Grendel

Author: John Gardner
Publisher:
ISBN: 9783852861746
Format: PDF, ePub, Docs
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The Norton Anthology of Drama

Author: J. Ellen Gainor
Publisher: W. W. Norton
ISBN: 9780393921519
Format: PDF, ePub, Docs
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Provides a brief history of theater, with a selection of plays from antiquity to the present day.

Trauer ist das Ding mit Federn

Author: Max Porter
Publisher: Hanser Berlin
ISBN: 3446250190
Format: PDF, Kindle
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Eine junge Frau ist gestorben. Ihre Kinder, zwei kleine Jungen, und ihr Mann sind noch betäubt vom Schock, haben haufenweise Beileidsbekundungen und Lasagne zum Aufwärmen entgegengenommen, die notwendigen Dinge organisiert, und nun setzt die unerträgliche Leere ein. Da klingelt es an der Tür. Totenschwarz und gefiedert bricht es herein, packt den Vater und verkündet: "Ich gehe erst wieder, wenn du mich nicht mehr brauchst." Die überlebensgroße Krähe nistet sich rücksichtslos in der Familie ein, meldet sich mit drastischem Witz zu Wort und wird dabei zu einer Art subversivem Therapeuten, eine herrlich anarchische Mary Poppins. Max Porter ist ein bildmächtiges, wildes Buch über die Trauer gelungen.

Hospitality and Treachery in Western Literature

Author: James A. W. Heffernan
Publisher: Yale University Press
ISBN: 0300195583
Format: PDF, Mobi
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In works of Western literature ranging from Homer’s Odyssey to Albee’s Who’s Afraid of Virginia Woolf? the giving and taking of hospitality is sometimes pleasurable, but more often perilous. Heffernan traces this leitmotiv through the history of our greatest writings, including Christ’s Last Supper, Macbeth’s murder of his royal guest, and Camus’s short story on French colonialism in Arab Algeria. By means of such examples and many more, this book considers what literary hosts, hostesses, and guests do to as well as for each other. In doing so, it shows how often treachery rends the fabric of trust that hospitality weaves.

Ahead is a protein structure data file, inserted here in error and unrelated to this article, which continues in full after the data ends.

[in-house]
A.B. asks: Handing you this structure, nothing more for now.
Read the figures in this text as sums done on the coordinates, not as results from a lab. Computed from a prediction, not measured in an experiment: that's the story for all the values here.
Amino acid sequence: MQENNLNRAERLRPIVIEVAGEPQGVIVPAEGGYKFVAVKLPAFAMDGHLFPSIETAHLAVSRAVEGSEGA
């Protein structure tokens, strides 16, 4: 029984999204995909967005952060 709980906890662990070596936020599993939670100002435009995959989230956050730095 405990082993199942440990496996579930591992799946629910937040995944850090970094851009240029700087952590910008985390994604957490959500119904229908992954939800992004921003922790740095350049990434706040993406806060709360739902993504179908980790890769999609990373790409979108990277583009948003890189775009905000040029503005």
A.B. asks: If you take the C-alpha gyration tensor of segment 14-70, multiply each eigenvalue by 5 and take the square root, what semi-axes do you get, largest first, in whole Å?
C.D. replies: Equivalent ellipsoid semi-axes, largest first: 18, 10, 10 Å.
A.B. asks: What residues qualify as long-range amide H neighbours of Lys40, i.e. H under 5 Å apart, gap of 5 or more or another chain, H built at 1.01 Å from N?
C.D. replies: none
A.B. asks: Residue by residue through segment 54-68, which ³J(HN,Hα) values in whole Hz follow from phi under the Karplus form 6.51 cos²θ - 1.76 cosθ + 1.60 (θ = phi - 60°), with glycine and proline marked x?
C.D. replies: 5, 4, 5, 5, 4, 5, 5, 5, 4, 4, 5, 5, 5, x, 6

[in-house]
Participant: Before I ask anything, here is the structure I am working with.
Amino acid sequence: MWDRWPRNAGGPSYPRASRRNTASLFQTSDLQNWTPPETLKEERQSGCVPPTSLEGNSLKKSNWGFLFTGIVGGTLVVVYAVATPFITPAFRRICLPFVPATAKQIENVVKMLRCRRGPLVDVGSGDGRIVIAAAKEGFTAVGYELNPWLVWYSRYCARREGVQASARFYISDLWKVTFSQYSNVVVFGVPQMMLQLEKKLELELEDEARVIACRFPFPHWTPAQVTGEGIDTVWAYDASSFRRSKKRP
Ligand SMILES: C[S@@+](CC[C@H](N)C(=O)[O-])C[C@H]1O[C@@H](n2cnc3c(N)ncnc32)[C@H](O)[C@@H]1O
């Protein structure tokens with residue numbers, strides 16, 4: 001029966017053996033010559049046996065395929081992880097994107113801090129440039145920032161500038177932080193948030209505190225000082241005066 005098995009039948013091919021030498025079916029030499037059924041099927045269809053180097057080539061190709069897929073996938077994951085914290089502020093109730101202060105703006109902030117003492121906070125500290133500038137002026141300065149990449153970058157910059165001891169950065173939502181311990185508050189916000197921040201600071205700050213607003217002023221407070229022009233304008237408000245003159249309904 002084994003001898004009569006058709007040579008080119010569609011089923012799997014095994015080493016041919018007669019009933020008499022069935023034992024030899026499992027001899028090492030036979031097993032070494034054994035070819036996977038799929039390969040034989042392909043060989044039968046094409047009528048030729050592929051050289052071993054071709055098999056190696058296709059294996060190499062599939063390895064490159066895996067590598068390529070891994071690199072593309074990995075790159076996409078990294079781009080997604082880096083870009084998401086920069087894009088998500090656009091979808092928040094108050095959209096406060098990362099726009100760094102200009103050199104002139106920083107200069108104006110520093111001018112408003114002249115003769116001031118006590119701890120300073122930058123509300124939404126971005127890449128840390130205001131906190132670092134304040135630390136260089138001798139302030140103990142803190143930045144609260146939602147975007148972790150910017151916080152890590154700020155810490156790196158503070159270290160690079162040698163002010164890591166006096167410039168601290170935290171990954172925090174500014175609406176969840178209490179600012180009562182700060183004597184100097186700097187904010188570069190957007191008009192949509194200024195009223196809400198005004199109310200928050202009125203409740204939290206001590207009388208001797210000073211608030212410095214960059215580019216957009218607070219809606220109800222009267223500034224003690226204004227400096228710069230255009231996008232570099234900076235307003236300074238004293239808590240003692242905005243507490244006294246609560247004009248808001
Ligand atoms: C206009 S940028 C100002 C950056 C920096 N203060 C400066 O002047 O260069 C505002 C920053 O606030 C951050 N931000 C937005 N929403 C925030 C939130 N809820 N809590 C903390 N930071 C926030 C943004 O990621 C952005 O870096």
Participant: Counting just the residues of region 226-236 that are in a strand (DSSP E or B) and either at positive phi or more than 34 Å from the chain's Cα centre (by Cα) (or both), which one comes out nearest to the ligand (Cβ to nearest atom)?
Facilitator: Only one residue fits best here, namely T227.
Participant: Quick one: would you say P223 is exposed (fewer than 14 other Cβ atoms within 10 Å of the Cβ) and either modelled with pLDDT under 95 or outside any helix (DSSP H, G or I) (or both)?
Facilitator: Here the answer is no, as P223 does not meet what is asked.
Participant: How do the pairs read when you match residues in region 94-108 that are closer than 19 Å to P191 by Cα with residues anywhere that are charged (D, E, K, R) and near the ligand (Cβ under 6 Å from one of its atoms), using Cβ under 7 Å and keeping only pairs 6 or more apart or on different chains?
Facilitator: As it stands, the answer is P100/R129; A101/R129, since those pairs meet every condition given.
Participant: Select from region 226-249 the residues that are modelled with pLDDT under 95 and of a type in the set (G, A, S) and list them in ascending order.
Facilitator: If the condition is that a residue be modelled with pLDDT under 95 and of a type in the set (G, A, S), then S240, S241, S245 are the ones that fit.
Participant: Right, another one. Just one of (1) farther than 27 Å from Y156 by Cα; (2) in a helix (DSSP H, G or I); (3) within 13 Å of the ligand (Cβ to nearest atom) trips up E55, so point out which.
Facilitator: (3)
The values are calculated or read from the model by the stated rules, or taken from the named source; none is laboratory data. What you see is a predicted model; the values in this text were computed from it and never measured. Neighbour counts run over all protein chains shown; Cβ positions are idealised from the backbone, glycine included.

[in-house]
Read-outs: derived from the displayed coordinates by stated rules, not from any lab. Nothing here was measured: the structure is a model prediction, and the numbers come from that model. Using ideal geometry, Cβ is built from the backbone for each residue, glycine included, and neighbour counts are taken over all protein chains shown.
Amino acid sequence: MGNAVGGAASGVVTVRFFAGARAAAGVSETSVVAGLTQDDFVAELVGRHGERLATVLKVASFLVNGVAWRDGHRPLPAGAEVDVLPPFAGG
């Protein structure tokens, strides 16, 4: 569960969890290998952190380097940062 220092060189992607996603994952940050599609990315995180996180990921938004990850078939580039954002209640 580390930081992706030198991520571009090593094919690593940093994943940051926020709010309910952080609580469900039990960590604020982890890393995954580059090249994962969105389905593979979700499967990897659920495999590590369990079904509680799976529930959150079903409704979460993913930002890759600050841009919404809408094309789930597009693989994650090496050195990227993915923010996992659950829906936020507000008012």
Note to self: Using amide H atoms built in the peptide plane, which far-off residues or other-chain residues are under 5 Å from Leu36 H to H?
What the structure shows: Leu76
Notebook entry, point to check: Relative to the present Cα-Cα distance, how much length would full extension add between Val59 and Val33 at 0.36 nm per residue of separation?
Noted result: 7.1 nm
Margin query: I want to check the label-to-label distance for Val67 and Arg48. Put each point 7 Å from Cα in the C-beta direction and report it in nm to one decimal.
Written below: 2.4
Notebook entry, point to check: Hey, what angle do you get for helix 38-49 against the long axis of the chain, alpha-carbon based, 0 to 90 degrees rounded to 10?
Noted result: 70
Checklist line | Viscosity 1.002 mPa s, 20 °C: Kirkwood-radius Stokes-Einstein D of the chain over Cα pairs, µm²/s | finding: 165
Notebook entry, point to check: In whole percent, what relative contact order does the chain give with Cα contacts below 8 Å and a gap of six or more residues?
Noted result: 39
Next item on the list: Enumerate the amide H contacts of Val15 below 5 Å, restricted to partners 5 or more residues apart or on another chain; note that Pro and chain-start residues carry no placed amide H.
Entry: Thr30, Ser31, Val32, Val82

Western Literature in China and the Translation of a Nation

Author: S. Qi
Publisher: Springer
ISBN: 1137011947
Format: PDF, Kindle
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This book studies the reception history of Western literature in China from the 1840s to the present. Qi explores the socio-historical contexts and the contours of how Western literature was introduced, mostly through translation and assesses its transformative impact in the cultural, literary as well as sociopolitical life of modern China.

The Western Landscape in Cormac McCarthy and Wallace Stegner

Author: Megan Riley McGilchrist
Publisher: Routledge
ISBN: 0415808049
Format: PDF, Docs
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The western American landscape has always had great significance in American thinking, requiring an unlikely union between frontier mythology and the reality of a fragile western environment. Additionally it has borne the burden of being a gendered space, seen by some as the traditional "virgin land" of the explorers and pioneers, subject to masculine desires, and by others as a masculine space in which the feminine is neither desired nor appreciated. Both Wallace Stegner and Cormac McCarthy focus on this landscape and environment; its spiritual, narrative, symbolic, imaginative, and ideological force is central to their work. In this study, McGilchrist shows how their various treatments of these issues relate to the social climates (pre- and post-Vietnam era) in which they were written, and how despite historical discontinuities, both Stegner and McCarthy reveal a similar unease about the effects of the myth of the frontier on American thought and life. The gendering of the landscape is revealed as indicative of the attempts to deny the failure of the myth, and to force the often numinous western landscape into parameters which will never contain it. Stegner's pre-Vietnam sensibility allows the natural world to emerge tentatively triumphant from the ruins of frontier mythology, whereas McCarthy's conclusions suggest a darker future for the West in particular and America in general. However, McGilchrist suggests that the conclusion of McCarthy's Border Trilogy, upon which her arguments regarding McCarthy are largely based, offers a gleam of hope in its final conclusion of acceptance of the feminine.